Sales teams know about customers’ pain-points and what closes the deal. Customer service knows which kinds of problems your customers encounter and why they leave.
Marketing teams know which kinds of benefits resonate and how to present them. However, without good internal communication, insights like these won’t lead to improved customer satisfaction.
To take advantage of the unique perspective different teams have on different customer touchpoints, it helps to pull together feedback from different teams. When you have good communication, a more complete portrait of your customers will emerge, helping you do more to keep them happy.
When the marketing team receives the results of its latest survey, don’t let them file it away where no one else will ever see it – share the information widely and keep it accessible to all.
Consider setting up a repository or library for all your market research, customer service calls, surveys, customer studies, etc. Wikis, shared cloud folders and intrawebs are great ways to share. Appoint someone on each team to update key learnings – and dedicate a few minutes in company-wide meetings to share highlights, interesting customer testimonials or anything else that will help employees understand customers better.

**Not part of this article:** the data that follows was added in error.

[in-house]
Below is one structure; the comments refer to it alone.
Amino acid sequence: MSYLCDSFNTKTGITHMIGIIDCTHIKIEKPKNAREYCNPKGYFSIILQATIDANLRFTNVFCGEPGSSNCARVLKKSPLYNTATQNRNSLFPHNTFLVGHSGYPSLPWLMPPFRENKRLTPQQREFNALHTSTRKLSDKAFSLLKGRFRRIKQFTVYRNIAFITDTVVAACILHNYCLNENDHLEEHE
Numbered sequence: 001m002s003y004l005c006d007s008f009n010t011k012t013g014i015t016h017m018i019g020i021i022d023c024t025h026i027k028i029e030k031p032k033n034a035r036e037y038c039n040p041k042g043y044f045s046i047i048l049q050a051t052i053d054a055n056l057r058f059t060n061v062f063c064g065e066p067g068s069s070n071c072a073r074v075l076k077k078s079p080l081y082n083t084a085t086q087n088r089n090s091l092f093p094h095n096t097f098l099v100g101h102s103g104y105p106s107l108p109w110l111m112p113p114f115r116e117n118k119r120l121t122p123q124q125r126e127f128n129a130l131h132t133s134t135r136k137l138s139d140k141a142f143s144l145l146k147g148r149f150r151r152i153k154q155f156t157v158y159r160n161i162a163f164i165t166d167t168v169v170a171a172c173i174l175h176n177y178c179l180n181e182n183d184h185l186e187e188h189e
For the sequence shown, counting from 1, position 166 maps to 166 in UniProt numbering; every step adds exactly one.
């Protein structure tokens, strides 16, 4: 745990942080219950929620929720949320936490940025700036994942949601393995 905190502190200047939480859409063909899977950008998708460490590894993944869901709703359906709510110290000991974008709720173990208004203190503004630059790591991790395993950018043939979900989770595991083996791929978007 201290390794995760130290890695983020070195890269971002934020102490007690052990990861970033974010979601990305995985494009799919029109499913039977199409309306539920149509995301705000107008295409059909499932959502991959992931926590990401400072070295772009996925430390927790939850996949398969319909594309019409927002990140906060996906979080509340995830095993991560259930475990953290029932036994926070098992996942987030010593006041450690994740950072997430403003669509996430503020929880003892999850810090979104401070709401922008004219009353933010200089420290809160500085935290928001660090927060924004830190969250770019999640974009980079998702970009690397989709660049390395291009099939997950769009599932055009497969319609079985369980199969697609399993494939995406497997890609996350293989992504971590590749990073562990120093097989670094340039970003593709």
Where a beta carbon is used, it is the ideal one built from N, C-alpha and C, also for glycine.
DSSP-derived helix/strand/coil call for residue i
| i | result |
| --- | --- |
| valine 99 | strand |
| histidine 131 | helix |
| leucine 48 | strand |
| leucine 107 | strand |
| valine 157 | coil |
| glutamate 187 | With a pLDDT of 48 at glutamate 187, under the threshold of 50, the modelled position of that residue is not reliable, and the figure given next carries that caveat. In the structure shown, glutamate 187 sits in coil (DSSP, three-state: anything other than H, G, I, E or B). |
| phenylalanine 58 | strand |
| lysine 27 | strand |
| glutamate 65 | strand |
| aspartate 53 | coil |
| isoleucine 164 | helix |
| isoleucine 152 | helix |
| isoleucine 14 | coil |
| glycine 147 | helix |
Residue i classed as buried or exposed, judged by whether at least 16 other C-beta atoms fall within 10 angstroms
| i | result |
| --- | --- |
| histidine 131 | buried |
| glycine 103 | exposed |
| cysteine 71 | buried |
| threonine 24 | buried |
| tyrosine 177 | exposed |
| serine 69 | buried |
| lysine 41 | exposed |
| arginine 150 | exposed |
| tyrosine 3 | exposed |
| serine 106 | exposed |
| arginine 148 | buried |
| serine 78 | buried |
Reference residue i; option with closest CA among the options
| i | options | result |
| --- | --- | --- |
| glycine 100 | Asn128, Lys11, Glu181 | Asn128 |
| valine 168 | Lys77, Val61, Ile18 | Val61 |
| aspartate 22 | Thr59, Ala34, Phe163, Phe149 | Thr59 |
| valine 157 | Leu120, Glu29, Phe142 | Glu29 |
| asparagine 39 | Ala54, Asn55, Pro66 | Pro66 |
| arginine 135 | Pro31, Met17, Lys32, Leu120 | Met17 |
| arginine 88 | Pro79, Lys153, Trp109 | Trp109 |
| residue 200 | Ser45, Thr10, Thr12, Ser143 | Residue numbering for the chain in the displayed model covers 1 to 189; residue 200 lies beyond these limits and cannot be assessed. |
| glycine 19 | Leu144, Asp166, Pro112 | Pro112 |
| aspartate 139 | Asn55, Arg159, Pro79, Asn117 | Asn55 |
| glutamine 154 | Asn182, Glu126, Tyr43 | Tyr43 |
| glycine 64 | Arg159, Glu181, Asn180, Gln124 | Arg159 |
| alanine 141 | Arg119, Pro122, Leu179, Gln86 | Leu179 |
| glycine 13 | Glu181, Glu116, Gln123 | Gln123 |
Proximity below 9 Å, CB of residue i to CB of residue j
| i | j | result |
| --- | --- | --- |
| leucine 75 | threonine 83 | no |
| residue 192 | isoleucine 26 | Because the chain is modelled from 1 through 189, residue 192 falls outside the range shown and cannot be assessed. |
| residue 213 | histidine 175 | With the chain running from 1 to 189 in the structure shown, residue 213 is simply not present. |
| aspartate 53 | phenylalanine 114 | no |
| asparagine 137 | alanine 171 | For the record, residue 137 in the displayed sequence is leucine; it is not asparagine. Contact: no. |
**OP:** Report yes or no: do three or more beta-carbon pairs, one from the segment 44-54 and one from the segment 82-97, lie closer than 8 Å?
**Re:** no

Encourage internal communication by setting up regular meetings where managers from customer-facing departments can share learnings with folks who aren’t on the front lines. These meetings can be totally informal, as long as they actually happen! They can also be a great way for product teams to identify important needs.
Create a suggestion box – either virtual or physical – where any employee can provide feedback anonymously, without feeling pressured or concerned about speaking out of turn. Ideas for improving customer satisfaction can come from anywhere.
Promote opportunities for behind-the-scenes employees to shadow customer-facing teams, giving them a chance to interact directly with customers. Having an opportunity to hear real customers describe their problems and motivations in their own words can help keep customer satisfaction to the fore.
Now you have a few suggestions about how to improve internal communication, think of ways to tailor these ideas to your organisation. Start by doing something as informal as hosting a pizza lunch to entice employees to get together, talk about customers and share their ideas about how they think internal communication can be improved. (Bonus: These meetings can keep employees engaged – and engaged employees can enhance the customer experience.)
Whether you’re creating a data archive or just chatting over a slice, disseminating your customer insights internally is a no-brainer. It’s an inexpensive way to maximise the impact of your research, reduce inefficiencies and keep those customer satisfaction scores on the rise.
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Here are some ideas to ensure that respondents will answer your surveys.
If your survey is short and sweet, there's a greater chance that more respondents will complete it.
Little incentives like small discount or an entry into a drawing can help ensure respondents complete your survey.
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